Transaction1: I bought 200 QQQ ( ETF) at about $160 in Jan 2019, paying out about $32k

Transaction2: I sold two calls on QQQ ( QQQ190628C00170000 ) for expiring on June 28, 2019 for a strike price of $170 for a total receipt of about $400 on same day as Transaction1 as I was hoping that it will not rise above $170 and let the option expire.

PossibleTransactionS1AND2: Now QQQ is well above $185 so I am planning to cover the call option of Transacton2, and to cover the cost I will sell two options further for Dec 2019 ( let us say QQQ191231C00180000) .

As I will be opening the transaction on "substantially equivalent" position, where there will be a loss on QQQ190628C00170000 , so my question is , to which position's cost basis the loss should be added? to QQQ or QQQ191231C00180000 ?

I am planning to hold the QQQ, so if conditions are not again in my favor, I will roll this to June 2020 and so on.

I have a question at can closing covered call and opening a new coverd call trigger wash sale that looks similar, but does not ask the same question.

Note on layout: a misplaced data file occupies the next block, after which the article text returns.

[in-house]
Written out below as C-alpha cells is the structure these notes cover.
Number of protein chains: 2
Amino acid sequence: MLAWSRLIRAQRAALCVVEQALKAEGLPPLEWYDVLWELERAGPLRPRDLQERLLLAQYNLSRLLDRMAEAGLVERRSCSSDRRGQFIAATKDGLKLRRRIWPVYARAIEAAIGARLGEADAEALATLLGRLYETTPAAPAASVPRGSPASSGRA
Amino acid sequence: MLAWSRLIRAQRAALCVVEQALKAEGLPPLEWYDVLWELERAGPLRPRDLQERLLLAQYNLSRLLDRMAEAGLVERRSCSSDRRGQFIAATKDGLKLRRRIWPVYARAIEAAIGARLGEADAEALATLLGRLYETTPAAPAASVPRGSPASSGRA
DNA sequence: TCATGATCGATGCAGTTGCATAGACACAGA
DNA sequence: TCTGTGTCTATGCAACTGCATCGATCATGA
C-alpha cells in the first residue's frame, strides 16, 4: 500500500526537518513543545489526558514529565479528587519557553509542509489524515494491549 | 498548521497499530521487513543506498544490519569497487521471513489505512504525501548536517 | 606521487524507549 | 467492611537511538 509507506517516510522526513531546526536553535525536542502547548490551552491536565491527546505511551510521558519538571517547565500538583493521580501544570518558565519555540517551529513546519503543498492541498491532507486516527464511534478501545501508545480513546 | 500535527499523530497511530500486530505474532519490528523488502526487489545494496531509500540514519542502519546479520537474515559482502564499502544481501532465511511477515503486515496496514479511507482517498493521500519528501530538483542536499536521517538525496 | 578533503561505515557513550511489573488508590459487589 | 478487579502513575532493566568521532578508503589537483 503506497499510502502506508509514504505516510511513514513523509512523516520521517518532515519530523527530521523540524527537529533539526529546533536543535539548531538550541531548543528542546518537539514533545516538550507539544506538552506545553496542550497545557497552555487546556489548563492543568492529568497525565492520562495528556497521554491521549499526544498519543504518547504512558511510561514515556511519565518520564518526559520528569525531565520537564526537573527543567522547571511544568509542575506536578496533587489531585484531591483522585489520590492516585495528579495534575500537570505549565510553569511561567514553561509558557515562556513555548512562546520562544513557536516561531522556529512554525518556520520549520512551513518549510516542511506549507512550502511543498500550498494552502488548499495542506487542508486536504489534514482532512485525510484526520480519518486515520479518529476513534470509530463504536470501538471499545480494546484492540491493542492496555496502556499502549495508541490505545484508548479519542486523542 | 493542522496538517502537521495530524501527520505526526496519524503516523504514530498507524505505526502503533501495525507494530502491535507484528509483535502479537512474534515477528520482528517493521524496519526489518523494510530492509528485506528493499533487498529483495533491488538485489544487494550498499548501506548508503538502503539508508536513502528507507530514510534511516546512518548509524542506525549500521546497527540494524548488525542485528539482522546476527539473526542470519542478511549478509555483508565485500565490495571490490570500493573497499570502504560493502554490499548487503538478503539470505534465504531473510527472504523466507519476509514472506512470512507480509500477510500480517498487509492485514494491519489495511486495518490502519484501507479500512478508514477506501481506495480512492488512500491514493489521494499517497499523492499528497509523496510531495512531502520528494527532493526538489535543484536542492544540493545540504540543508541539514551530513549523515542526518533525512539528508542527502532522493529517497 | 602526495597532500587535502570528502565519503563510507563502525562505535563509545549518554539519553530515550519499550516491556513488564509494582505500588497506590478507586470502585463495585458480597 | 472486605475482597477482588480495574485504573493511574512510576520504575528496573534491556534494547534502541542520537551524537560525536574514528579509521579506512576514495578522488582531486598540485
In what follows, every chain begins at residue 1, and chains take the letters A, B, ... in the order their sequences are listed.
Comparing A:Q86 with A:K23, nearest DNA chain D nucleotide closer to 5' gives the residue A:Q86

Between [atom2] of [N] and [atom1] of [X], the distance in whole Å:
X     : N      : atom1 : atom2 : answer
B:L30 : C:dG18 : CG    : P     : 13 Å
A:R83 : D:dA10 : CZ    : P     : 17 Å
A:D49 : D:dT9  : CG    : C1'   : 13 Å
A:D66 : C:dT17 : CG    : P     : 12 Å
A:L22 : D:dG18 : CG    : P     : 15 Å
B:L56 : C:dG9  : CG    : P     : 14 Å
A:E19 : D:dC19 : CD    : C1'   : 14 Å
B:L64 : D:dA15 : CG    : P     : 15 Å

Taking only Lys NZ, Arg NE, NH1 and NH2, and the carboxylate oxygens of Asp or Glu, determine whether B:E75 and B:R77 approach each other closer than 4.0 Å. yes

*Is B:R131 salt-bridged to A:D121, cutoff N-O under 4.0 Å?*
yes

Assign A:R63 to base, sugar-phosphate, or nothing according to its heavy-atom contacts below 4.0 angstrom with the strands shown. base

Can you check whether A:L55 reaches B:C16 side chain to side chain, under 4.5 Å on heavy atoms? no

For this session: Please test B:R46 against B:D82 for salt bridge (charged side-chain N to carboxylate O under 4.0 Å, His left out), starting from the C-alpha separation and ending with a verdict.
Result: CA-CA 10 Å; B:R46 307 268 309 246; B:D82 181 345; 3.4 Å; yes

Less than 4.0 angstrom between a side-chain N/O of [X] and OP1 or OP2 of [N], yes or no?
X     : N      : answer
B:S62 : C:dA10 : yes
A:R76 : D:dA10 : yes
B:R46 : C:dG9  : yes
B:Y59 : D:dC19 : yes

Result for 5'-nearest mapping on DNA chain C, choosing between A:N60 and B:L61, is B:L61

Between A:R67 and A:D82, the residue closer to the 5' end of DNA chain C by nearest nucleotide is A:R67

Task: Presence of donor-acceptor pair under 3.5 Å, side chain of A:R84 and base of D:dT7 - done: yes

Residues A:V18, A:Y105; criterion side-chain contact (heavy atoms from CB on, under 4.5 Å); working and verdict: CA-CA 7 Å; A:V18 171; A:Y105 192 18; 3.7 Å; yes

2 Answers 2


The short call is not substantially identical to the long shares so there is no conflict there. But there is one with calls with different strikes on the same underlying.

If you take a loss your initial short call and open another short call position on the same underlying, the loss from the first option would be disallowed and added to the premium of the second option.


@bob-baerker is correct, but also remember holding period of your stock (long share) will be affected

Whats the difference between a qualified and an unqualified covered call?

And the article titled Final Qualified Covered Call Regulations Resolve Some Issues, But Raise New Ones

  • 1
    The Non-Qualified covered call rule applies to selling in-the-money not out-of-the-money options. May 20, 2019 at 16:07

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